India-pakistan-flagAn unprecedented meeting between the leaders of Pakistan and India at new Indian Prime Minister Narendra Modi’s inauguration raises hopes for new progress in improving relations

Prime Minister Nawaz Sharif of Pakistan was engaged in talks with Indian premier Narendra Modi shortly after Modi’s swearing in ceremony on Monday. The visit of a leader of Pakistan to the inauguration of their counterpart in India is an event unprecedented since both countries gained independence in 1947. Relations between the two nations, which have always been difficult, became notably strained since the 2008 Mumbai attacks planned and executed by militants based in Pakistan, where more than 160 people lost their lives.

News of the invitation caught the Pakistani Prime Minister by surprise. He attended the ceremony despite significant criticism at home. Discussion was centred on the trial of suspects of the Mumbai attacks and enhancing international trade and were described by Sharif as ‘good and constructive.’ Ahead of the talks, 151 Indian fishermen, held in Karachi and Hyderabad for accidentally crossing the border, were released as a goodwill gesture. These talks are a continuation of discussions Sharif held with outgoing Indian PM Manmohan Singh in 2013 following Sharif’s re-election that year.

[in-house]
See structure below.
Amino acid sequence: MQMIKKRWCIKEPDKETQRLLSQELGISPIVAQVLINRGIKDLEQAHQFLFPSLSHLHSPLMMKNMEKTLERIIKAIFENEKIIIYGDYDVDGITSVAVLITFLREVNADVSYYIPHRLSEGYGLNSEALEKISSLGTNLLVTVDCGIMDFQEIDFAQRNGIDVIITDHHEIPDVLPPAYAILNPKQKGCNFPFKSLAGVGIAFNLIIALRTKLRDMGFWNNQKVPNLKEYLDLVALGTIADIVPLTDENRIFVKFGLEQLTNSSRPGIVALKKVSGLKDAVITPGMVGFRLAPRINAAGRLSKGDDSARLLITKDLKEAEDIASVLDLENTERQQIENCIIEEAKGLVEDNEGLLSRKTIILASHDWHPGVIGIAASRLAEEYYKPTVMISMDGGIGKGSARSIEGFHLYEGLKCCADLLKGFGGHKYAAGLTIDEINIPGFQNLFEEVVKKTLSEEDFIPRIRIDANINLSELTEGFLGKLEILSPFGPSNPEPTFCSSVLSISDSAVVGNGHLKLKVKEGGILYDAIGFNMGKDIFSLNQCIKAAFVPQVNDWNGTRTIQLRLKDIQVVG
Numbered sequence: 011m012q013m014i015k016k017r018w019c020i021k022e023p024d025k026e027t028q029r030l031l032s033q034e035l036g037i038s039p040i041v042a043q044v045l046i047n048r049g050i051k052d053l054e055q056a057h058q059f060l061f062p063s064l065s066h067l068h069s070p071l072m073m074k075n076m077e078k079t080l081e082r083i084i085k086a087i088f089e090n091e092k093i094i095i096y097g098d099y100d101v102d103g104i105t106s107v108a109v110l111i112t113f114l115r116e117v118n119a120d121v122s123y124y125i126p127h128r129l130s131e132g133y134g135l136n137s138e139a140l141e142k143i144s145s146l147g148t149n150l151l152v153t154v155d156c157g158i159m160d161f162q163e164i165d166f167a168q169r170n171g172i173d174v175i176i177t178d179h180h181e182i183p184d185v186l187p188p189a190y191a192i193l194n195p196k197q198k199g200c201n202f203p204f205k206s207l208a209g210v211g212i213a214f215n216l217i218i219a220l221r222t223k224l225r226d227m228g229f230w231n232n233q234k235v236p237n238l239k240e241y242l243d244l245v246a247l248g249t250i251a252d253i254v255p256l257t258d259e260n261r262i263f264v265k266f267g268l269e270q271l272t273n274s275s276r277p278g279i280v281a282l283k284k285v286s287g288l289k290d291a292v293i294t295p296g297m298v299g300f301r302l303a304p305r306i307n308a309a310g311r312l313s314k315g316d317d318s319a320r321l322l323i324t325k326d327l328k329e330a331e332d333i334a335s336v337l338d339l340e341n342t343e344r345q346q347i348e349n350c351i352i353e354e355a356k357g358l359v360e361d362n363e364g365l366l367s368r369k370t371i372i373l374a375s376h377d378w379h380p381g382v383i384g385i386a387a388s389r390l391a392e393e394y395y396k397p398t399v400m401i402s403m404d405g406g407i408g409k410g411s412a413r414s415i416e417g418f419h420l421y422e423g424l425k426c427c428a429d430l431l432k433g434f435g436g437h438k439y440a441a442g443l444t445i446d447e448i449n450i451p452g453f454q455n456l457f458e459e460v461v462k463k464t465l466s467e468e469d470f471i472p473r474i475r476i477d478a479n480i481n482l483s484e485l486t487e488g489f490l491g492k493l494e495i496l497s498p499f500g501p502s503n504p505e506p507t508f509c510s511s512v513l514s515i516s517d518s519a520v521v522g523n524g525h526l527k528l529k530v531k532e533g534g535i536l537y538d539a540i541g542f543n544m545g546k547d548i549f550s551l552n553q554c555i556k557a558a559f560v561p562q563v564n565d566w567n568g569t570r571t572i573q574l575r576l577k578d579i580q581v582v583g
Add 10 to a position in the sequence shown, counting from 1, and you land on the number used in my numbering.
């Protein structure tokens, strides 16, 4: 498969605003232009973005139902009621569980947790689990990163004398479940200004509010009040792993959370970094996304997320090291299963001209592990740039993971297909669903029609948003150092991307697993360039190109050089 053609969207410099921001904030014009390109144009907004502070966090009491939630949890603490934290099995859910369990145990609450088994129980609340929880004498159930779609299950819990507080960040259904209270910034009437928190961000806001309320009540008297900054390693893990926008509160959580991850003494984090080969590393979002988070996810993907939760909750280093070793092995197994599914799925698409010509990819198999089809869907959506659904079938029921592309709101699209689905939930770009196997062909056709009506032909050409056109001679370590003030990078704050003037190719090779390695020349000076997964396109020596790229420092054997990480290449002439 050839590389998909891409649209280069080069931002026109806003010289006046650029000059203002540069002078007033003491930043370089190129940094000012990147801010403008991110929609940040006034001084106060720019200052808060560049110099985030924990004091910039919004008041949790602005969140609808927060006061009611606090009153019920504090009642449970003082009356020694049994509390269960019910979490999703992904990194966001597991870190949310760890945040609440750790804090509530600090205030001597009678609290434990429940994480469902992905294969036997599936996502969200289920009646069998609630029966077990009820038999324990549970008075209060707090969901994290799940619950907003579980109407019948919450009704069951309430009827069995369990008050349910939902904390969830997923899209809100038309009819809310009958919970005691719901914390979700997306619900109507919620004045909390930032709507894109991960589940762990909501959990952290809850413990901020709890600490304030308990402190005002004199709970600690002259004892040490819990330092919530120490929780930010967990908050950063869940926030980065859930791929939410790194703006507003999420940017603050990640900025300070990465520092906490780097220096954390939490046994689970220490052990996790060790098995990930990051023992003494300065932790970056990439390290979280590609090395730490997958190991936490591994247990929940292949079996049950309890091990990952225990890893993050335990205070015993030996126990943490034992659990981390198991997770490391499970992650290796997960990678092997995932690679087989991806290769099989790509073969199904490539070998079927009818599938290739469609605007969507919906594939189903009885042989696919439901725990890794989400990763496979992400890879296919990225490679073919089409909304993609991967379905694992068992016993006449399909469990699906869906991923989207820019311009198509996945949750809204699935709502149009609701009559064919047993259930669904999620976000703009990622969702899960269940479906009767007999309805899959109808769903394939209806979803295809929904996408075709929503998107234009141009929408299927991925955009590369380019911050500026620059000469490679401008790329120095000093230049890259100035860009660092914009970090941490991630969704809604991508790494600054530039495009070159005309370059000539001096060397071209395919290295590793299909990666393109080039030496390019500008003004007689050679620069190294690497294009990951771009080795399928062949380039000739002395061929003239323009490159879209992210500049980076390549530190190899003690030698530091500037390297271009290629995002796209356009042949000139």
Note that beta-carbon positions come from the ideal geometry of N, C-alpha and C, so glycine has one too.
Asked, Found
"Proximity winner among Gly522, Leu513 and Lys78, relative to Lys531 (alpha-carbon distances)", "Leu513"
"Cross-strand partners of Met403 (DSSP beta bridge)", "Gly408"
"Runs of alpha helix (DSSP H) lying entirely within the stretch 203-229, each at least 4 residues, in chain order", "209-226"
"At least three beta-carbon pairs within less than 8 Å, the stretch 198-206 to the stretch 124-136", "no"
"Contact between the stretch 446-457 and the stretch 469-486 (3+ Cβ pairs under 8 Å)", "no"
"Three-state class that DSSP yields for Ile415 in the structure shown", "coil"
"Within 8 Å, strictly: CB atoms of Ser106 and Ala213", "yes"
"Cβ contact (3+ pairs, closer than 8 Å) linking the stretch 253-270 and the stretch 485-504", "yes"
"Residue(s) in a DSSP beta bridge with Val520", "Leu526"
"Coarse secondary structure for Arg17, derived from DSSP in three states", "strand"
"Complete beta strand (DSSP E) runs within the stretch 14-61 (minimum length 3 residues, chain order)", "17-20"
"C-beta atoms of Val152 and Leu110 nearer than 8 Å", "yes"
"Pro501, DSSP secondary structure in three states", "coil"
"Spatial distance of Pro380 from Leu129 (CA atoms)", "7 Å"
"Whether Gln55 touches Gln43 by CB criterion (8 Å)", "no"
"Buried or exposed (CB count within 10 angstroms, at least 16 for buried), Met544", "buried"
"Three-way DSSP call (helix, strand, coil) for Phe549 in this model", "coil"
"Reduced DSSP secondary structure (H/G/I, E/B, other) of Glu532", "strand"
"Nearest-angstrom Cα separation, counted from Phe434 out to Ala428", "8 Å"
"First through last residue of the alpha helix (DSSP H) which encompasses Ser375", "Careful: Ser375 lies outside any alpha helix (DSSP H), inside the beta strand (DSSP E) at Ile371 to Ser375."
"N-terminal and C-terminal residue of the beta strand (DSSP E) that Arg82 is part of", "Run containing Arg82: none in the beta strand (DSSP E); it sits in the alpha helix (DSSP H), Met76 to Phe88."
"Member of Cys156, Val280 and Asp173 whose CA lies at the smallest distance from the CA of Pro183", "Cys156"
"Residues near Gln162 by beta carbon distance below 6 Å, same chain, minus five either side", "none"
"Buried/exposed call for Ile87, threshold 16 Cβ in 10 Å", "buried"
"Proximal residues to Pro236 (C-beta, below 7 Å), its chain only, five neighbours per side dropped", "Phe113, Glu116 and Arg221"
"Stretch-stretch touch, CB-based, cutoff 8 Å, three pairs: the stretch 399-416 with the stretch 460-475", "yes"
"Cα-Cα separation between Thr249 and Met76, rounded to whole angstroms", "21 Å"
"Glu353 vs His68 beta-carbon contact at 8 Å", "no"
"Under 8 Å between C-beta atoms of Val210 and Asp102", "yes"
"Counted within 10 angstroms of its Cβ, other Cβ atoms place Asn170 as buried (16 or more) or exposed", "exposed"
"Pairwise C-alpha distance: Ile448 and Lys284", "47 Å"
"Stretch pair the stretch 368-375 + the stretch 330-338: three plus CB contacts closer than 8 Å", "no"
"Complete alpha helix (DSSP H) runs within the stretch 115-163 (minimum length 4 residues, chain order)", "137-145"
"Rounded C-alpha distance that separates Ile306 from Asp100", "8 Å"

There have been real concerns about the new Indian PM’s history with the country’s Muslim minority. Modi was governor of the state of Gujarat from 2001 and was accused of overlooking and even facilitating the 2002 massacre in the region, where more than 1,000 died, the majority being Muslim. He has always denied any wrongdoing and was absolved by the Indian Supreme Court last year of any complicity. During his election campaign, he played down BJP party’s long history of Hindu nationalism in favour of discussing the economy and the then incumbent Congress party’s recent corruption scandals.

Following the discussion, Sharif stressed the need for cooperation between the two countries and indicated that the foreign secretaries of the two nations are likely to meet regularly for formal talks.

Alexander Smith, Politics (Correspondent)

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